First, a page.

The month went very fast and I felt really sad when she reminded me of reconfirming my reservation. She never stopped checking on me ever since. Her letters were always the way out for a lot of problems that faced me. She kept supporting me by money and books until I finished my college in Sana'a. In one year, I felt I had gained what would have taken me years to learn. She sent me another invitation in the summer of 1994 which I considered another training course for me. It was more like to learn the English Culture i.e. to be alert, understanding, obey positive imperatives listen and be submissive so as to achieve a success. This is how I interpreted the overall goal of my second trip to England.
I was embarrassed to learn that I only knew very little about the community I was born and grown up in, at the same time, was impressed to realize how much information she knew about it. Coming to her office on daily basis to help translating tapes and tribal documents made me only discover my ignorance about the tribal system. Her office was full of documents about tribal disputes and the way tribesmen resolved them. I found it really hard to help in doing this job especially when it came to translating from the unusual legal dialect of Razih into English. It could also be because her office used to remind me of that complicated tribal structure which I resented to accept as a reliable system for governing people. The resentment feeling would get worse when approaching the fact that while I long to enjoy the freedom in the reachable world I have arrived in; the culture still followed me and interrupted this enjoyment.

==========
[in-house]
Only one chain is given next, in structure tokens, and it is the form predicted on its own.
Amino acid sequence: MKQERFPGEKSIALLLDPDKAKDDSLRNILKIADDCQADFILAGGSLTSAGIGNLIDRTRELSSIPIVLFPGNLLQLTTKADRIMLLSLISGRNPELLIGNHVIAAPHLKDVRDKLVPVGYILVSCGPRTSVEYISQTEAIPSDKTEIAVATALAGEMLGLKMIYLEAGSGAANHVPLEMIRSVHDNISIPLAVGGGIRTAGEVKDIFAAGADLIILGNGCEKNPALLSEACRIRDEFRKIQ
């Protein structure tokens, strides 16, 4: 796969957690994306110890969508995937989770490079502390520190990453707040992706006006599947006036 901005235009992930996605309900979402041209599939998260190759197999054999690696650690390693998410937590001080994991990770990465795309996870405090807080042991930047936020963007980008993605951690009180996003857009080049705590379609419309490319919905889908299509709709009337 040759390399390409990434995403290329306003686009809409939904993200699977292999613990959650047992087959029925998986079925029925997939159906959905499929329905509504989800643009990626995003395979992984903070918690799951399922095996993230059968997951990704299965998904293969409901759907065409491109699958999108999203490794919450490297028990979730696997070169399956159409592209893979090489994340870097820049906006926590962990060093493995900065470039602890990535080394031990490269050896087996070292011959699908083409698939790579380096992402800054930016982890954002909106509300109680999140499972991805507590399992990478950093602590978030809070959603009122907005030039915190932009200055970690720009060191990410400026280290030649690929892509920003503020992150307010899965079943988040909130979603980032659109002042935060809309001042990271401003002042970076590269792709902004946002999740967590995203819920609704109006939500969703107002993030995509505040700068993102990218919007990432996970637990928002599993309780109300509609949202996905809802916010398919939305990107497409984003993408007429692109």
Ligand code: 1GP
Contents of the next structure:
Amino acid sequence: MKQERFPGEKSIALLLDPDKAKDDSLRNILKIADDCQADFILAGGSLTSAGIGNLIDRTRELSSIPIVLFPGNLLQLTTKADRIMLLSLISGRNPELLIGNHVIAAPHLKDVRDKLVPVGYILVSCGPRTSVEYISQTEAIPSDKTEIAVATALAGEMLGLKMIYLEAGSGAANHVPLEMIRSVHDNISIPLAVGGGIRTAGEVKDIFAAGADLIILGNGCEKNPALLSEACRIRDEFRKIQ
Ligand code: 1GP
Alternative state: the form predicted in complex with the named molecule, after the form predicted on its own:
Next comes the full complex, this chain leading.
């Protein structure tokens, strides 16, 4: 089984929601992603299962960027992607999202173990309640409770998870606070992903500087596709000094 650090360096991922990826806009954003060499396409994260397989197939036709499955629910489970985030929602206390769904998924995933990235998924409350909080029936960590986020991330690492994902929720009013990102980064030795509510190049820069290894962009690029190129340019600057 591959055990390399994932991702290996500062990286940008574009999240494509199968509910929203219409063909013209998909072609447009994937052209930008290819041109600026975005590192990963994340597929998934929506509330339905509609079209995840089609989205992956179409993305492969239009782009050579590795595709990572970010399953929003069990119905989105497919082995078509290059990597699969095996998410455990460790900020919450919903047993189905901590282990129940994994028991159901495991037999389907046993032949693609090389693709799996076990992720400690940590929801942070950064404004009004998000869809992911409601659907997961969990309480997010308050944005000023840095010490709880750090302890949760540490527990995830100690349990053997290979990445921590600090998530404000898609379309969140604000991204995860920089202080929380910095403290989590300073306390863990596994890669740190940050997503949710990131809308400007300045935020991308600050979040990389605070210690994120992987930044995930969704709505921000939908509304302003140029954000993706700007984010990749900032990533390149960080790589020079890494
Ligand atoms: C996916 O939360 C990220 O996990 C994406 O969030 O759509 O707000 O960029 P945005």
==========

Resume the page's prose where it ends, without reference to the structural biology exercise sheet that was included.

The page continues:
In the second trip things just went ok. After I returned to Yemen, I was not satisfied about my performance. However, she made me excuses due to her rich experience in this field. She never stopped checking on me or supporting although I was about to announce my bankruptcy with regard to my knowledge of the tribal law. She was and still is very persistent. She supported me until the British Council, Yemen, granted me a scholarship to study Translation for my MA in London.
There, I never felt lonely or stranger. I had a lot of fun during my stay in England. She was very supportive and kind.
In short, she was not just a friend, she was a miracle person:
– She brought me back to life.
– She gave me the necessary strength to face the world.
– She supported me to live with my full pride and dignity
– She worked hard to introduce me to important people whom I benefited from.
– She traveled to Razih despite all difficulties so as to introduce me to my own people, which was important for my stability and manly existence.
– She surprised me with “a handing- certificate party” which was attended by my friends and her friends as well as the director of the British council.
– She put me together and protected what I have been working on for years which are my refusal to be downgraded and to exist as a full dignified person.
Therefore and seriously speaking, I am fully indebted to her for my life, dignity, manly existence, education and understanding.
I do feel the burden of my debt and small for all that she did to me.